If your bridge hand contains only small cards for a given suit, don’t give up hope! Having any seven cards between the two hands in a game of bridge may mean an extra trick for you — if your opponents’ cards are divided 3-3.
The hand in this image shows you how any small card can morph into a winner when your opponents’ cards are split evenly.
You have seven cards between your hand and the dummy, the signal that something good may happen for your small cards. Of course, you’d be a little happier if you had some higher cards in the suit (such as an honor or two), but beggars can’t be choosers.
Remember Cinderella and how her sisters dressed her up to look ugly even though she was beautiful? Well, those five cards in South are like Cinderella — you just have to cast off the rags to see the beauty underneath:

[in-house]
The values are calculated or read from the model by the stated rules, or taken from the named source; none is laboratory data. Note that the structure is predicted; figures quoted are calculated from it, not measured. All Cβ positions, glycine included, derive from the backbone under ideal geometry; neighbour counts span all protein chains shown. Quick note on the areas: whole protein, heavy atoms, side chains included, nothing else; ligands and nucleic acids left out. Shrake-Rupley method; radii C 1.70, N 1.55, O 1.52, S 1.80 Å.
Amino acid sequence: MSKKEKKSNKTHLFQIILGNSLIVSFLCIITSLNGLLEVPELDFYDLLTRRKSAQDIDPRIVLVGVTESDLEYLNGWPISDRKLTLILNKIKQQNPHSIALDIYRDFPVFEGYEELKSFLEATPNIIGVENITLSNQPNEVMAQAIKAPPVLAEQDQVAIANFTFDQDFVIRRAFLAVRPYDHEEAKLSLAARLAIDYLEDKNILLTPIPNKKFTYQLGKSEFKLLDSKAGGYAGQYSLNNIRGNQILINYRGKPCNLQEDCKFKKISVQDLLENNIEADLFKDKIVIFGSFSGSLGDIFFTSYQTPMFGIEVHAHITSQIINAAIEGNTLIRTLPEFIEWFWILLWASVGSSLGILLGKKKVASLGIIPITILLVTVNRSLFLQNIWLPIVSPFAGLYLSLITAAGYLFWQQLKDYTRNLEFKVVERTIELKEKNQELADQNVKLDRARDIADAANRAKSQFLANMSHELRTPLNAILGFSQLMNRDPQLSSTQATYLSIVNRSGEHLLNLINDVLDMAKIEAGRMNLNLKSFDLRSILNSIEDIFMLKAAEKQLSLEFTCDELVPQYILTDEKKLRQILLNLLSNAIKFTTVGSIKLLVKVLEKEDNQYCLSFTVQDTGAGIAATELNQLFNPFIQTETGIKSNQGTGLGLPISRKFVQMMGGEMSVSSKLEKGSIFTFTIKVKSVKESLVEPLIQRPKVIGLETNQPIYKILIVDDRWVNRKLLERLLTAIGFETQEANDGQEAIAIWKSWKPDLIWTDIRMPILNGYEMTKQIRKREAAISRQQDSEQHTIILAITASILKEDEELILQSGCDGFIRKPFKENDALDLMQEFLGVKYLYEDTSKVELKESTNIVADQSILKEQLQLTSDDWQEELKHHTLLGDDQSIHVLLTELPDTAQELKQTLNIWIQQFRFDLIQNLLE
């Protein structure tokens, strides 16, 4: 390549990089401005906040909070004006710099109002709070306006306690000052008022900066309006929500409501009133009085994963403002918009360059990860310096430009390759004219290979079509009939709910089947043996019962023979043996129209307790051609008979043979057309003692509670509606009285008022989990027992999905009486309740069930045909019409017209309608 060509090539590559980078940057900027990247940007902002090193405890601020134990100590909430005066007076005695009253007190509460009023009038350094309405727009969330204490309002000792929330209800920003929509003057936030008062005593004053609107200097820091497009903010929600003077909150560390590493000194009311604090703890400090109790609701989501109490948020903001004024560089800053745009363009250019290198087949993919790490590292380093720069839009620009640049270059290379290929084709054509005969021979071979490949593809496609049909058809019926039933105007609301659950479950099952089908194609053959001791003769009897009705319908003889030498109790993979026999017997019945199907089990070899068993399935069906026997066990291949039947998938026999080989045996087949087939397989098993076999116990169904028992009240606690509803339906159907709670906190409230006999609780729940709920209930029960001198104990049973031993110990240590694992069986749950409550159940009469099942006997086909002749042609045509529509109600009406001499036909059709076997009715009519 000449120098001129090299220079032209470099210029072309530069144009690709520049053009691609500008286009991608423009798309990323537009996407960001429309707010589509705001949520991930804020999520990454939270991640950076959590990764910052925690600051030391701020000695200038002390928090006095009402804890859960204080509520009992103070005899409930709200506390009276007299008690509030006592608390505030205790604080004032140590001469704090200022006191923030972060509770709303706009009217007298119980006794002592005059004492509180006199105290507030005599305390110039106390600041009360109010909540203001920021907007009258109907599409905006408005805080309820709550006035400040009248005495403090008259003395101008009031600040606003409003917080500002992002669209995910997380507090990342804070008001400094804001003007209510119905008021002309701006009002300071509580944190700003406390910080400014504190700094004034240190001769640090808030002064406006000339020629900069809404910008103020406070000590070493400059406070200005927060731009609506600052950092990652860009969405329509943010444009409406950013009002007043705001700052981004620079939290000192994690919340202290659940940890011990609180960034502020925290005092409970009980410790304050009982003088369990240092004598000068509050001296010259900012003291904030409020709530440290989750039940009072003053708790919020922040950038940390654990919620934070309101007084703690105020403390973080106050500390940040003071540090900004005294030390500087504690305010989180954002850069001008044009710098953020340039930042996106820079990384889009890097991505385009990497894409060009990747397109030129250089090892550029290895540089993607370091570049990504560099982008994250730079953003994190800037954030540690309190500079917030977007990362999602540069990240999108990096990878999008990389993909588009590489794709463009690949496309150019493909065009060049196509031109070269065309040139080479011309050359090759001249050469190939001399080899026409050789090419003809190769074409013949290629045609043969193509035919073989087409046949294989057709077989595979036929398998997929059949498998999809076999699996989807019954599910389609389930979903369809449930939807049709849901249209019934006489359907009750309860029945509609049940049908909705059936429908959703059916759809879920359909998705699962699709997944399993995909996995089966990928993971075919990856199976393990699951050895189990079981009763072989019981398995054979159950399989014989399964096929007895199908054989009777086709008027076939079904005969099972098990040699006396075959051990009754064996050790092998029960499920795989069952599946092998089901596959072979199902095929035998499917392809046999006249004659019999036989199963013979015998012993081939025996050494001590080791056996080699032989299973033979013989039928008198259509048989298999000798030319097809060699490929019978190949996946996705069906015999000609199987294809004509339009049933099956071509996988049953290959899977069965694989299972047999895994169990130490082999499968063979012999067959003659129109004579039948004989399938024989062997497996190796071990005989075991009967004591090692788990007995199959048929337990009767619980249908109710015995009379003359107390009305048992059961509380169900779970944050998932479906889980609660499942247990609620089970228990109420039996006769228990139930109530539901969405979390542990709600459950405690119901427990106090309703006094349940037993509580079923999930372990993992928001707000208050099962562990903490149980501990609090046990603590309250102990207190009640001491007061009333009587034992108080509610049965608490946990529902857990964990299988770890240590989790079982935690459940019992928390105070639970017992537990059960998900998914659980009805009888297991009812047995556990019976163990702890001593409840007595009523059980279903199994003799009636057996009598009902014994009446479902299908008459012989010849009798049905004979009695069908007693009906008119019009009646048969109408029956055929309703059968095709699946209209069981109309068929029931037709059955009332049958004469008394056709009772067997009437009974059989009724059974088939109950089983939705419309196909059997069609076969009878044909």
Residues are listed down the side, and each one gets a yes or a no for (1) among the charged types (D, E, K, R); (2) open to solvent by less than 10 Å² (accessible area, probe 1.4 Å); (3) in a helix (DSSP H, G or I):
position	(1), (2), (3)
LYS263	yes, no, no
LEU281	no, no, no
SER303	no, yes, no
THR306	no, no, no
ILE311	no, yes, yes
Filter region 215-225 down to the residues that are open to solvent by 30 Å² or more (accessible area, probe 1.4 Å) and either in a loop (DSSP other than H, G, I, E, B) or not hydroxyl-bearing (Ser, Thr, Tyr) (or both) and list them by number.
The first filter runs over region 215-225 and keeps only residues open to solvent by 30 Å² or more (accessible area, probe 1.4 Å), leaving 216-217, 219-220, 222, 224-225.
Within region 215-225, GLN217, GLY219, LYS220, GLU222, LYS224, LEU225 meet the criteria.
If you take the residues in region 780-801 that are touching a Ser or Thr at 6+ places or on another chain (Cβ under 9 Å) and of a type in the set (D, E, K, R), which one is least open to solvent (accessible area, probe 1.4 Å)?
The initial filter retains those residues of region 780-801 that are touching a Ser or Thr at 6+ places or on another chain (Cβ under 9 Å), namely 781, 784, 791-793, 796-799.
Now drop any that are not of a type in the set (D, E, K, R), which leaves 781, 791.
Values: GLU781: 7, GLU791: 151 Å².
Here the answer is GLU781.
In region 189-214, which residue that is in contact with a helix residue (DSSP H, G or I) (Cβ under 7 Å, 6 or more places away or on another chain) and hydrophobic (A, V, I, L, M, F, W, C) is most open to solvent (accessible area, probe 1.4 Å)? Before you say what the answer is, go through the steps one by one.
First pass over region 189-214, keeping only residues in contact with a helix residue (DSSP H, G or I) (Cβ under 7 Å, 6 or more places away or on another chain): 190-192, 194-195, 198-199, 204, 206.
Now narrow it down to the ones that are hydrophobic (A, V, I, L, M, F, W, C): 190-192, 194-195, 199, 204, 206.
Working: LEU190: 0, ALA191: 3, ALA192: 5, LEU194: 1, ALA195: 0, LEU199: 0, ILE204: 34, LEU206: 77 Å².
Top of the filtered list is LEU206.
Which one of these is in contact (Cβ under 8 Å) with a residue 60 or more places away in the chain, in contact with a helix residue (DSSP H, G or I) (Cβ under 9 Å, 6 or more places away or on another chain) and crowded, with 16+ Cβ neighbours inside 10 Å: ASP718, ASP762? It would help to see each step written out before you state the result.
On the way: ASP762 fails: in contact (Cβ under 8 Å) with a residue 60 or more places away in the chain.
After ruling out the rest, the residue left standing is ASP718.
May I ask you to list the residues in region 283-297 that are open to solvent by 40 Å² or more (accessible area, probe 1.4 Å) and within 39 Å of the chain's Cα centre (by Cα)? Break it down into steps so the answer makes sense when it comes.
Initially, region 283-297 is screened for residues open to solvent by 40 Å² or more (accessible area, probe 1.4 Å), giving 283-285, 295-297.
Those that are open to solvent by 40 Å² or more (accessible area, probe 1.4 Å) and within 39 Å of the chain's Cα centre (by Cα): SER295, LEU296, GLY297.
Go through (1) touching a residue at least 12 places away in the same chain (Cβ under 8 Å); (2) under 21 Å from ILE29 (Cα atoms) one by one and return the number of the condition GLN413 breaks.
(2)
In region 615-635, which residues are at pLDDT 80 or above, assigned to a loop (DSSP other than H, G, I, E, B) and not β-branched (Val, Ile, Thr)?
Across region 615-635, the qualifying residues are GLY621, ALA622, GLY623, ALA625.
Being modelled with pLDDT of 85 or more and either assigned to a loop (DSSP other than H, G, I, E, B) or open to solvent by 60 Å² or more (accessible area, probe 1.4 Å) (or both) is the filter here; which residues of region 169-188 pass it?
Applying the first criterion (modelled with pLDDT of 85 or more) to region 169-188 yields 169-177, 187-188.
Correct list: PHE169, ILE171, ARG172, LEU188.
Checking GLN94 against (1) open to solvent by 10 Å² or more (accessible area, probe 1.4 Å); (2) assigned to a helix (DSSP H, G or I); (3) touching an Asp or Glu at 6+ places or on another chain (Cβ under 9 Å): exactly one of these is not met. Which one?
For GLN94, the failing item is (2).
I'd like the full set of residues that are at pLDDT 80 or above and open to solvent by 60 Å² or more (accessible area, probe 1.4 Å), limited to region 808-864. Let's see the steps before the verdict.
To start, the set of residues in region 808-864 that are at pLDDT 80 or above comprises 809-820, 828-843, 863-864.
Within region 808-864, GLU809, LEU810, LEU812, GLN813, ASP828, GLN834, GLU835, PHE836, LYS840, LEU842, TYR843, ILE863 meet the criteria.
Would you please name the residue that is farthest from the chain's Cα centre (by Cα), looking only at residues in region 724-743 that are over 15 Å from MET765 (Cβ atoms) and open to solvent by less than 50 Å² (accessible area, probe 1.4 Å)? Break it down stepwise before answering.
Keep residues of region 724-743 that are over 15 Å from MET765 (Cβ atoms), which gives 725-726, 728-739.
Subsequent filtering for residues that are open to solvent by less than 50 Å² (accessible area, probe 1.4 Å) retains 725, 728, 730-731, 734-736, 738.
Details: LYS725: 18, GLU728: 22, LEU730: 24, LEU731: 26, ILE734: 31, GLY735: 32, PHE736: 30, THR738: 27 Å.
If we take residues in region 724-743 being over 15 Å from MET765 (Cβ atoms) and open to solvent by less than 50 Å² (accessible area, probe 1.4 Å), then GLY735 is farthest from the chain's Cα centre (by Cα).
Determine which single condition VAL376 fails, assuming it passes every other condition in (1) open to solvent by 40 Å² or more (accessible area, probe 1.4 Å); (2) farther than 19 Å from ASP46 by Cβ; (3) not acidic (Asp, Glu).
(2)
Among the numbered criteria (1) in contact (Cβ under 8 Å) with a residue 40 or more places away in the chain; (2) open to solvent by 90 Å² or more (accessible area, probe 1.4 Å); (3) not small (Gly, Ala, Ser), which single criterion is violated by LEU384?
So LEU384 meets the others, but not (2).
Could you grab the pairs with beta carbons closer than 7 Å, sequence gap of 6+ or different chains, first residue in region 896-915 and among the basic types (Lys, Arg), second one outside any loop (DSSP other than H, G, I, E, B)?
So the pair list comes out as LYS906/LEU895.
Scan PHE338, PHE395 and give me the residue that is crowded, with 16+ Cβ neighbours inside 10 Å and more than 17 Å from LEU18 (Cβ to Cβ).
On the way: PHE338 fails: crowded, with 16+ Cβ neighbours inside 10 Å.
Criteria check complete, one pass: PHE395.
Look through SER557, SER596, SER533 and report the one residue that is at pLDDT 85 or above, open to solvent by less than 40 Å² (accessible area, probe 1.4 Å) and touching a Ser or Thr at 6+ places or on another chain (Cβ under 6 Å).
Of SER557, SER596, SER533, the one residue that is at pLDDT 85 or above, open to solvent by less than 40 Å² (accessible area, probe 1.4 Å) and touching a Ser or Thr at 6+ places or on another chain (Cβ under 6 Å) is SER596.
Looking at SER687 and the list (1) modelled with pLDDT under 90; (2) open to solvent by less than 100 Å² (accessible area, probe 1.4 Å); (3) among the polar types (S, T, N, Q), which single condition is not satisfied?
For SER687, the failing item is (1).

Say you lead the ♠2, and West takes the trick with the ♠J.
Later, you lead the ♠3, and West takes that trick with the ♠Q.
You’ve played spades twice, and because you’ve been counting those spades, you know that your opponents have two spades left.
After you regain the lead, you again lead a rag (low card) — in this case, the ♠5.
Crash, bang! West plays the ♠A, and East plays the ♠K. Now they have no more spades, and the two remaining spades in your hand, the ♠7 and ♠6, are winning tricks.
You conceded three spade tricks (tricks they had coming anyway), but established two tricks of your own by sheer persistence.